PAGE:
We just returned from a nice visit to my hometown, Cedar Falls, Iowa. It was one of the many Iowa cities flooded in the last few weeks. In many respects, CF was a little more fortunate in that the Cedar River borders the town, and just the area immediately surrounding the river was flooded. I am sure, though, this is little consolation to the families who lost their homes. On the way to Cedar Falls, we drove through Cedar Rapids. The Cedar River bisects the city and the damage was everywhere. Never, in my thirteen years in Iowa, could I have imagined such flooding. I can honestly say that flooding never entered my mind (which it does frequently in St. Louis). As we drove through Cedar Rapids, everywhere there were piles of garbage from gutted homes. While the river is back in its banks, the damage will continue for years. Loss like that is devastating for anyone, but most of the area affected was low-income. I can't imagine that many of the families had enough reserve funds to pay for hotels, mortgages, rent, new clothing, etc. People in these communities have really banded together to help, but there is so much work to do. When I was in New Orleans last fall, the slow rate in which rebuilding takes was very evident. While many of us generously donated our time and treasure, it is not enough. Rebuilding is not a one-stop shop, it is a decades long process. My heart breaks for all that these people are facing.
After witnessing these two Mother Nature driven events (and reading about so many other natural tragedies), I have been really pondering our role within nature. Obviously, we have little control over natural occurrences, but that doesn't seem to keep us from trying. We build levees, live on fault lines, on the coast, on the plains; always trying to make our homes more secure - lulling ourselves into invincibility. But, who are we really kidding? Nature is bigger then us all. She doesn't care who we are, what we own, or what hardships we are currently facing. She is indiscriminate in her destruction. There is no reason to ask why. We are all vulnerable is some way. We are all at risk in losing everything. That is why we need to be there for our neighbor that has. We are all one step away from a flood, drought, tornado, earthquake, hurricane, avalanche, etc. We need to extend a hand when we are able.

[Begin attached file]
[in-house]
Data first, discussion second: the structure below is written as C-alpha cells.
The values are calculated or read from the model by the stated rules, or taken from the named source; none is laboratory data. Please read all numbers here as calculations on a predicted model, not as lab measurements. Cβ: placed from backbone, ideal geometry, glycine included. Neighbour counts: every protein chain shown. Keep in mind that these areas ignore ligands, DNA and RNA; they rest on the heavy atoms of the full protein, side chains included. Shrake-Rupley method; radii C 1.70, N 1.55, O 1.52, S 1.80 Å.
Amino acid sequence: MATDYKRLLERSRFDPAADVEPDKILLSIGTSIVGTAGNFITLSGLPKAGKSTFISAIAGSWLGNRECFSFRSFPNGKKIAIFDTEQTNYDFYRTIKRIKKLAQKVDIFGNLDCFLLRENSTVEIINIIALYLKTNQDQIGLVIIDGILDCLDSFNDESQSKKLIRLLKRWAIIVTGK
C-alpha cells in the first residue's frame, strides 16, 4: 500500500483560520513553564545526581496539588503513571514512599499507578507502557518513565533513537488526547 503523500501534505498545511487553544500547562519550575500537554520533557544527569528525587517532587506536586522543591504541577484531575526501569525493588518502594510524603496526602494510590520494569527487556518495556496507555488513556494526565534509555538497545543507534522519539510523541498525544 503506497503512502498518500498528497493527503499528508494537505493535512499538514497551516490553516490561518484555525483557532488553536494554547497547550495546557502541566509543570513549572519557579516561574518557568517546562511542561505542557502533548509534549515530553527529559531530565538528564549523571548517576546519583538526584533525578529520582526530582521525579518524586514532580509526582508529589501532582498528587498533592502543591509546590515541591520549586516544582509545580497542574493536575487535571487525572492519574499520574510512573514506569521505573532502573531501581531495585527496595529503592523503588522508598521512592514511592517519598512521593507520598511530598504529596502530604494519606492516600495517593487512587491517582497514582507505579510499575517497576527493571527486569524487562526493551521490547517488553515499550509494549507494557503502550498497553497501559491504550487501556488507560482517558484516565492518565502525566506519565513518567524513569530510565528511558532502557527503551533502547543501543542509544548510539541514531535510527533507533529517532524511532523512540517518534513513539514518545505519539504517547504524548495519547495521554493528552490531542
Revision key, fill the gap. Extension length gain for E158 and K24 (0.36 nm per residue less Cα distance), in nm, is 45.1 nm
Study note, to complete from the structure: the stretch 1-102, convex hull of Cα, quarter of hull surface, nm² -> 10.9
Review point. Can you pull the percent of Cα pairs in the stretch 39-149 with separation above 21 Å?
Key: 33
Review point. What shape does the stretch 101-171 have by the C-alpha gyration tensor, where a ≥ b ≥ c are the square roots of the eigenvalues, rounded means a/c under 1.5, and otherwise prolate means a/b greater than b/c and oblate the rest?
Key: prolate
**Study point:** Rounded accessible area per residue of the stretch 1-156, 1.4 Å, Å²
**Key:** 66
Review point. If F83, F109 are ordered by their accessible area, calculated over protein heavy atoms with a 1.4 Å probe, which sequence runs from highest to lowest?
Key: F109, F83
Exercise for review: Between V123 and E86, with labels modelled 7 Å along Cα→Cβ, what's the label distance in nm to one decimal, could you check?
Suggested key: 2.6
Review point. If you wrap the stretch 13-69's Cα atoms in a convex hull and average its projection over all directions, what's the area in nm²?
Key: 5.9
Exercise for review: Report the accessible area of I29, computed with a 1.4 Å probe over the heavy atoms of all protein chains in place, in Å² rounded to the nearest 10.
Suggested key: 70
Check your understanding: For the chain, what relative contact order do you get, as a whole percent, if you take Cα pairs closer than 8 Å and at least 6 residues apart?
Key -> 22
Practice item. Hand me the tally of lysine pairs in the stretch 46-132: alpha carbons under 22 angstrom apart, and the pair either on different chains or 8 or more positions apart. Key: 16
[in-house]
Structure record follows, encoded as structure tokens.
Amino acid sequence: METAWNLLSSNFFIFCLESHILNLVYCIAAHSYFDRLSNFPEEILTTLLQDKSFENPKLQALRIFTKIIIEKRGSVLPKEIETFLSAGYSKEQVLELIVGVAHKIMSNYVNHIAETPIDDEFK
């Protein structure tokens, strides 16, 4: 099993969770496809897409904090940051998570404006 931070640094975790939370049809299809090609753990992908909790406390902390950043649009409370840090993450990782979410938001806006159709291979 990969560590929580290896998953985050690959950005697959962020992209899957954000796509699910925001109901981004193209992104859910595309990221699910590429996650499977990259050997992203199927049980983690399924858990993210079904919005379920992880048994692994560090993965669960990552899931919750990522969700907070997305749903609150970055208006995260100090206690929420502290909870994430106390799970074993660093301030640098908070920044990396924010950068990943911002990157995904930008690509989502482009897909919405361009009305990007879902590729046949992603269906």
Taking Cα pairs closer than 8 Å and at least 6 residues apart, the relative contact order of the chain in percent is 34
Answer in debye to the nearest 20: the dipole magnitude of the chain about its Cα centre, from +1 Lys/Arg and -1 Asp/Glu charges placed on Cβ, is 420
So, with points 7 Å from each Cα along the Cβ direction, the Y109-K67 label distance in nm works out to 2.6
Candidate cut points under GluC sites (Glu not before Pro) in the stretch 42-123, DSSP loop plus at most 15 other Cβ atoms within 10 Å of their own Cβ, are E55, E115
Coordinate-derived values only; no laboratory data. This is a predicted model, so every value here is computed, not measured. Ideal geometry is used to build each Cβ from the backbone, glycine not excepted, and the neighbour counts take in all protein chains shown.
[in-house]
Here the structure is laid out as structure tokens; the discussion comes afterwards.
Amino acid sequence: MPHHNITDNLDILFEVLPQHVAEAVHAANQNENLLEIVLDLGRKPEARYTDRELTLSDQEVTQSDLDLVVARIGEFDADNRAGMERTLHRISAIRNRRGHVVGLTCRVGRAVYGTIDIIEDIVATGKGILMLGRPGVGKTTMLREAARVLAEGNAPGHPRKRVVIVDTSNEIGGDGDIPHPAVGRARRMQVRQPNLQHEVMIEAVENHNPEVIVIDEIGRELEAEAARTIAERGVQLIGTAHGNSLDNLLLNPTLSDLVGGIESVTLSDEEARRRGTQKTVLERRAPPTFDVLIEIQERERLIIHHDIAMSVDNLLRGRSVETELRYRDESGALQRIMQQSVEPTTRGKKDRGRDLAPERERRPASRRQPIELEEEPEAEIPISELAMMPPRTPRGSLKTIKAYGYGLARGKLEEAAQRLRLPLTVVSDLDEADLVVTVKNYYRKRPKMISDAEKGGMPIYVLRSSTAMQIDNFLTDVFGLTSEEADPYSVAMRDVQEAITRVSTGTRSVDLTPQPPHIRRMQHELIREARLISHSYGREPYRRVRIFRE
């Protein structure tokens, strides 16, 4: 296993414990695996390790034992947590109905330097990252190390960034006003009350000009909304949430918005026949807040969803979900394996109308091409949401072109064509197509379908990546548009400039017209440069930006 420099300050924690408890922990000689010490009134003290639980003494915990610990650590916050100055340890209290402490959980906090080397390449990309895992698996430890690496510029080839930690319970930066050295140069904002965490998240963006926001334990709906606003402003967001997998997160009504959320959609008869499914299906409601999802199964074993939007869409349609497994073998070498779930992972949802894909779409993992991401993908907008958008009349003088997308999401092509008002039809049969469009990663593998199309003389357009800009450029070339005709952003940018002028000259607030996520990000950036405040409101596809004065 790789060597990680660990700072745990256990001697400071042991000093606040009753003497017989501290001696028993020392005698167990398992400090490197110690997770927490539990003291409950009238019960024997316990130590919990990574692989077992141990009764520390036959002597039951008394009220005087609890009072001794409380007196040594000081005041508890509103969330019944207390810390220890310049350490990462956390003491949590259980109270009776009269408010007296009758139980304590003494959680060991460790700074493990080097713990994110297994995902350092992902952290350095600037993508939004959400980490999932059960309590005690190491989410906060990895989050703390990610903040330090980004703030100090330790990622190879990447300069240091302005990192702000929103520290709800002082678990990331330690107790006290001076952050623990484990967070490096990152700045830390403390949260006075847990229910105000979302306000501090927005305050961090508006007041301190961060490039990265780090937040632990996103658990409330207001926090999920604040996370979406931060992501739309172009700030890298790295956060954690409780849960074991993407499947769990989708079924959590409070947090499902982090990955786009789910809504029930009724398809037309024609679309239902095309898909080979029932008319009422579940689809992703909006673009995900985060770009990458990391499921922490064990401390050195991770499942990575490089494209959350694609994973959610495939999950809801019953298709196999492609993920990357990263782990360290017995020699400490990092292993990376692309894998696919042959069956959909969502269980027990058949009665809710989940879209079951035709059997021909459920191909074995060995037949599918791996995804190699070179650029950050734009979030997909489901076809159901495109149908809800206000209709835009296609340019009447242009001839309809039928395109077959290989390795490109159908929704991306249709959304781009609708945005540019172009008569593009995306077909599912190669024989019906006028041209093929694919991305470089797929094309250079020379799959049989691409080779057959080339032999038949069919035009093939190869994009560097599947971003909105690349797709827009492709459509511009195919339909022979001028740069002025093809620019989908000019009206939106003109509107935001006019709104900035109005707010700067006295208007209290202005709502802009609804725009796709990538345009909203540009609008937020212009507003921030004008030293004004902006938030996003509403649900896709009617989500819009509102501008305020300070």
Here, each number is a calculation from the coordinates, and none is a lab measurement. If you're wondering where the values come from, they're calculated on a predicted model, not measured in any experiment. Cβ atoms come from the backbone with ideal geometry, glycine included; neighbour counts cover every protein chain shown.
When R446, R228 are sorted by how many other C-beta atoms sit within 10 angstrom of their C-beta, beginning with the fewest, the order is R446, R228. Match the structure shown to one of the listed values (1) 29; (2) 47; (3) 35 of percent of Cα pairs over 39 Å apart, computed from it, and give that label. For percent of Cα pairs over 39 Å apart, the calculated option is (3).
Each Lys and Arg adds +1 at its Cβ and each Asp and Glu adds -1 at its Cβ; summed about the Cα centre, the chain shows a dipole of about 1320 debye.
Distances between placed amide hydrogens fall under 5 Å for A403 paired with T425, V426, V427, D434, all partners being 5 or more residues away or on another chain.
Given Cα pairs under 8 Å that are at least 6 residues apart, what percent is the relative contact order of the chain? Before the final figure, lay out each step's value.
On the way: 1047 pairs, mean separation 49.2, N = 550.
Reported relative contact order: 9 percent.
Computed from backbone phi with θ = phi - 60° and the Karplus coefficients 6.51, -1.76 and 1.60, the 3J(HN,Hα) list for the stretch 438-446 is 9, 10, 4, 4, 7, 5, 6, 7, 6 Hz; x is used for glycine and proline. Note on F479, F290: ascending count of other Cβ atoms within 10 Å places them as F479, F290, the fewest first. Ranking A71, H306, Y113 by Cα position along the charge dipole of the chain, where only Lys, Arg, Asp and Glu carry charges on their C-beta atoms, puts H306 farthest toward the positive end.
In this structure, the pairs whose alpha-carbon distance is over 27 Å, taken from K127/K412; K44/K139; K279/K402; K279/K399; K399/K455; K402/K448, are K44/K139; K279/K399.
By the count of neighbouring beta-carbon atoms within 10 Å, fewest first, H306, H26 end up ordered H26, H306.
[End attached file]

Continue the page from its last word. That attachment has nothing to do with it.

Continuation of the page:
ps - I truly believe that nature is a neutral entity that provides both perceived good and bad. It is humans that try to bend the forces of nature to their will and question it when it does not respond.